As for Bassey, an injury derailed his progress but the main thing that was holding him back was simply not knowing what to do. He was picked up on a two-way contract and after he dominated in the G League, he was just given some minutes to show what he could do. He had his good times, using his athleticism and energy to make an impact on both ends, but there were stretches where he looked completely lost, which was understandable. After having months on the sidelines following his patella injury, he should have a better understanding of how the Spurs play.

Even other young guys who didn’t get as many minutes last season like Blake Wesley, Sandro Mamukelashvili and Dominick Barlow should be more ready to contribute this year if they are called into action, which will bolster the team’s depth greatly.

The Spurs will still have some quality veterans to rely on

Right now the Spurs have Graham, Khem Brich, Doug McDermott, Cedi Osman and Reggie Bullock on their roster. They will likely waive one or possibly two of them to get under the roster cap for the regular season, but unless there’s a huge trade before opening night, some should still be around to guide the young guys and provide reliable production, at least for a few months.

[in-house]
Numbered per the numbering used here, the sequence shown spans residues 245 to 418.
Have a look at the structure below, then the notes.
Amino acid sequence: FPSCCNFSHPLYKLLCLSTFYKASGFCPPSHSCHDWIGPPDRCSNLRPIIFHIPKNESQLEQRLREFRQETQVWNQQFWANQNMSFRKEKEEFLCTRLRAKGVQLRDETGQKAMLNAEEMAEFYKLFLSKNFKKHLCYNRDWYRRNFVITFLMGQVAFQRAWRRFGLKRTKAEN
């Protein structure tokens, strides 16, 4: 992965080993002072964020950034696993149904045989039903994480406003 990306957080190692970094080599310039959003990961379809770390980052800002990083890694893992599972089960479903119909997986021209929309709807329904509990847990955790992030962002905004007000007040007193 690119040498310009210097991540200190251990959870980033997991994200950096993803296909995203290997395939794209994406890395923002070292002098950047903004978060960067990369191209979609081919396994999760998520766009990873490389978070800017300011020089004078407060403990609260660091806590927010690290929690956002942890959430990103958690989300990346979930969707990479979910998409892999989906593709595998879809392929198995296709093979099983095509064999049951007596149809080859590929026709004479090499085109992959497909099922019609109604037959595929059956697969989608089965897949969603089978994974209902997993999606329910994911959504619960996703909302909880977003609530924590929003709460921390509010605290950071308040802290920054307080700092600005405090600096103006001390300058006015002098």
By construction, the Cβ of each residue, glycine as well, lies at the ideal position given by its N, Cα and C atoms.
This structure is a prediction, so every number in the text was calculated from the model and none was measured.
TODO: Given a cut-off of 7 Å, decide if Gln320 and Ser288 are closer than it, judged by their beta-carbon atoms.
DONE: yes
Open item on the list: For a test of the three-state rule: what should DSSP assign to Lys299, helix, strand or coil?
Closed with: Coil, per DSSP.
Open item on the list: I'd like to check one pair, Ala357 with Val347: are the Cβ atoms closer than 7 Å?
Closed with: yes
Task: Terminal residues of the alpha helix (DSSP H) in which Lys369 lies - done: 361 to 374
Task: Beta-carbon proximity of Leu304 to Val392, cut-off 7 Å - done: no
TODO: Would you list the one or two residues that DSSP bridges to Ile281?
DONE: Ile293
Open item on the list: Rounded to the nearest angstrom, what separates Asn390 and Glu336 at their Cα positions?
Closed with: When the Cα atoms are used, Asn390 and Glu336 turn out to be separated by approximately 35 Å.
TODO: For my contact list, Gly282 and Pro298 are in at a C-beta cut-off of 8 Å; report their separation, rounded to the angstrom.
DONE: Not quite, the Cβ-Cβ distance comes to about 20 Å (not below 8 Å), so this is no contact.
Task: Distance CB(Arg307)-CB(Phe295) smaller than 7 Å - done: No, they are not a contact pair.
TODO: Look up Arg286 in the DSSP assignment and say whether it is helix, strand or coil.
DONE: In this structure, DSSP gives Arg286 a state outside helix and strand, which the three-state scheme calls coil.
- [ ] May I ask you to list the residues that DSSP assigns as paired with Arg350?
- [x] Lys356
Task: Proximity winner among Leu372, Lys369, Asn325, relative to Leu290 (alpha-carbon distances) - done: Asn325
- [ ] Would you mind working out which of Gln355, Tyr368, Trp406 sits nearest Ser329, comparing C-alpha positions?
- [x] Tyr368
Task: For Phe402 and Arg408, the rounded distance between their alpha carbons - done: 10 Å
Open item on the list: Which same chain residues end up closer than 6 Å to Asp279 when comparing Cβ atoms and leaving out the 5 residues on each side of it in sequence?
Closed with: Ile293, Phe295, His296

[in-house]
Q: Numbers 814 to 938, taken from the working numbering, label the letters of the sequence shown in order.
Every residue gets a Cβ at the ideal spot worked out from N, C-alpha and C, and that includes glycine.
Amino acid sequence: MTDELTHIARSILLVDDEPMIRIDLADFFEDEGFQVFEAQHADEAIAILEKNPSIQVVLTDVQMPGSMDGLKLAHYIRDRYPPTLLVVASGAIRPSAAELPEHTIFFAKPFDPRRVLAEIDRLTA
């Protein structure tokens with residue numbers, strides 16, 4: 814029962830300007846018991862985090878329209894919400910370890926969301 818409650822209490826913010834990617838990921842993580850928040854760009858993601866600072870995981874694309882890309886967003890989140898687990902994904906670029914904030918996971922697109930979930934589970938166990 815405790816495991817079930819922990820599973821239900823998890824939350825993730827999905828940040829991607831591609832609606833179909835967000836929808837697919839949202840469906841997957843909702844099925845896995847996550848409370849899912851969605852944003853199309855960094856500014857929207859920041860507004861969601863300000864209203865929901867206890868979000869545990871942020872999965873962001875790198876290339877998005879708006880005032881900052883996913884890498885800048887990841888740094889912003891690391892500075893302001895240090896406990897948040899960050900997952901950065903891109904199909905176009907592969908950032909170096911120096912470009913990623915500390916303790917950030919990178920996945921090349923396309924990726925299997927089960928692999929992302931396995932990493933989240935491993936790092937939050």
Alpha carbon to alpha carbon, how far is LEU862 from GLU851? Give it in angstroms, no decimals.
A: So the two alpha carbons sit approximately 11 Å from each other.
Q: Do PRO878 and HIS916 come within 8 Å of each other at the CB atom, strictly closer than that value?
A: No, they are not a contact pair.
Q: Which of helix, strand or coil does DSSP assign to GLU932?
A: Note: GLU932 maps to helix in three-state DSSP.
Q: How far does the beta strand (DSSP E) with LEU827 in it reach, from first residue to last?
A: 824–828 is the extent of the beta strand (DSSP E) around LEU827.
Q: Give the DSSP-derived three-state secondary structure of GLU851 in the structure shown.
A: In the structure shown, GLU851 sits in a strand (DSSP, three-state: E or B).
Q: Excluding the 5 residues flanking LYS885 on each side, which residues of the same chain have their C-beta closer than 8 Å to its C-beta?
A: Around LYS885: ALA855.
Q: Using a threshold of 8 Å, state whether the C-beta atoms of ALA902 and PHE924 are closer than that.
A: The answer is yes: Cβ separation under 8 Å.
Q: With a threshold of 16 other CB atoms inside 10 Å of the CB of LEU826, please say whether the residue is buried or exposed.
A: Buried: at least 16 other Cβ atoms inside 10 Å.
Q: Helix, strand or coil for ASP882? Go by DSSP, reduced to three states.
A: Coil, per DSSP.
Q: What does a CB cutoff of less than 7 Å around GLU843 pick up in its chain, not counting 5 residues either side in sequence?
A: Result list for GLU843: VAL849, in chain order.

They all bring some unique skills but there’s one overlapping one that four share that should be extremely helpful: shooting. The biggest question mark with the starters and the young bench players is whether they’ll be able to hit enough outside shots to punish defenses and stretch the floor. Any of the four veterans should be able to immediately step in and help in that area. They are different types of shooters as well, with some being better pulling up and others on the move or spotting up, which should allow for mixing and matching. McDermott also has two years of experience in San Antonio under his belt while the others have managed to have long careers by accepting their roles, so they shouldn’t create issues in the locker room.

Whoever stays will probably be trade bait as next season’s trade deadline approaches, but at least for a while, Gregg Popovich should have a couple of guys to turn to when he needs shooting and leadership off the bench, which should make the Spurs’ second unit well-rounded outside of the main two or three usual subs. giving San Antonio plenty of options to match up with opponents.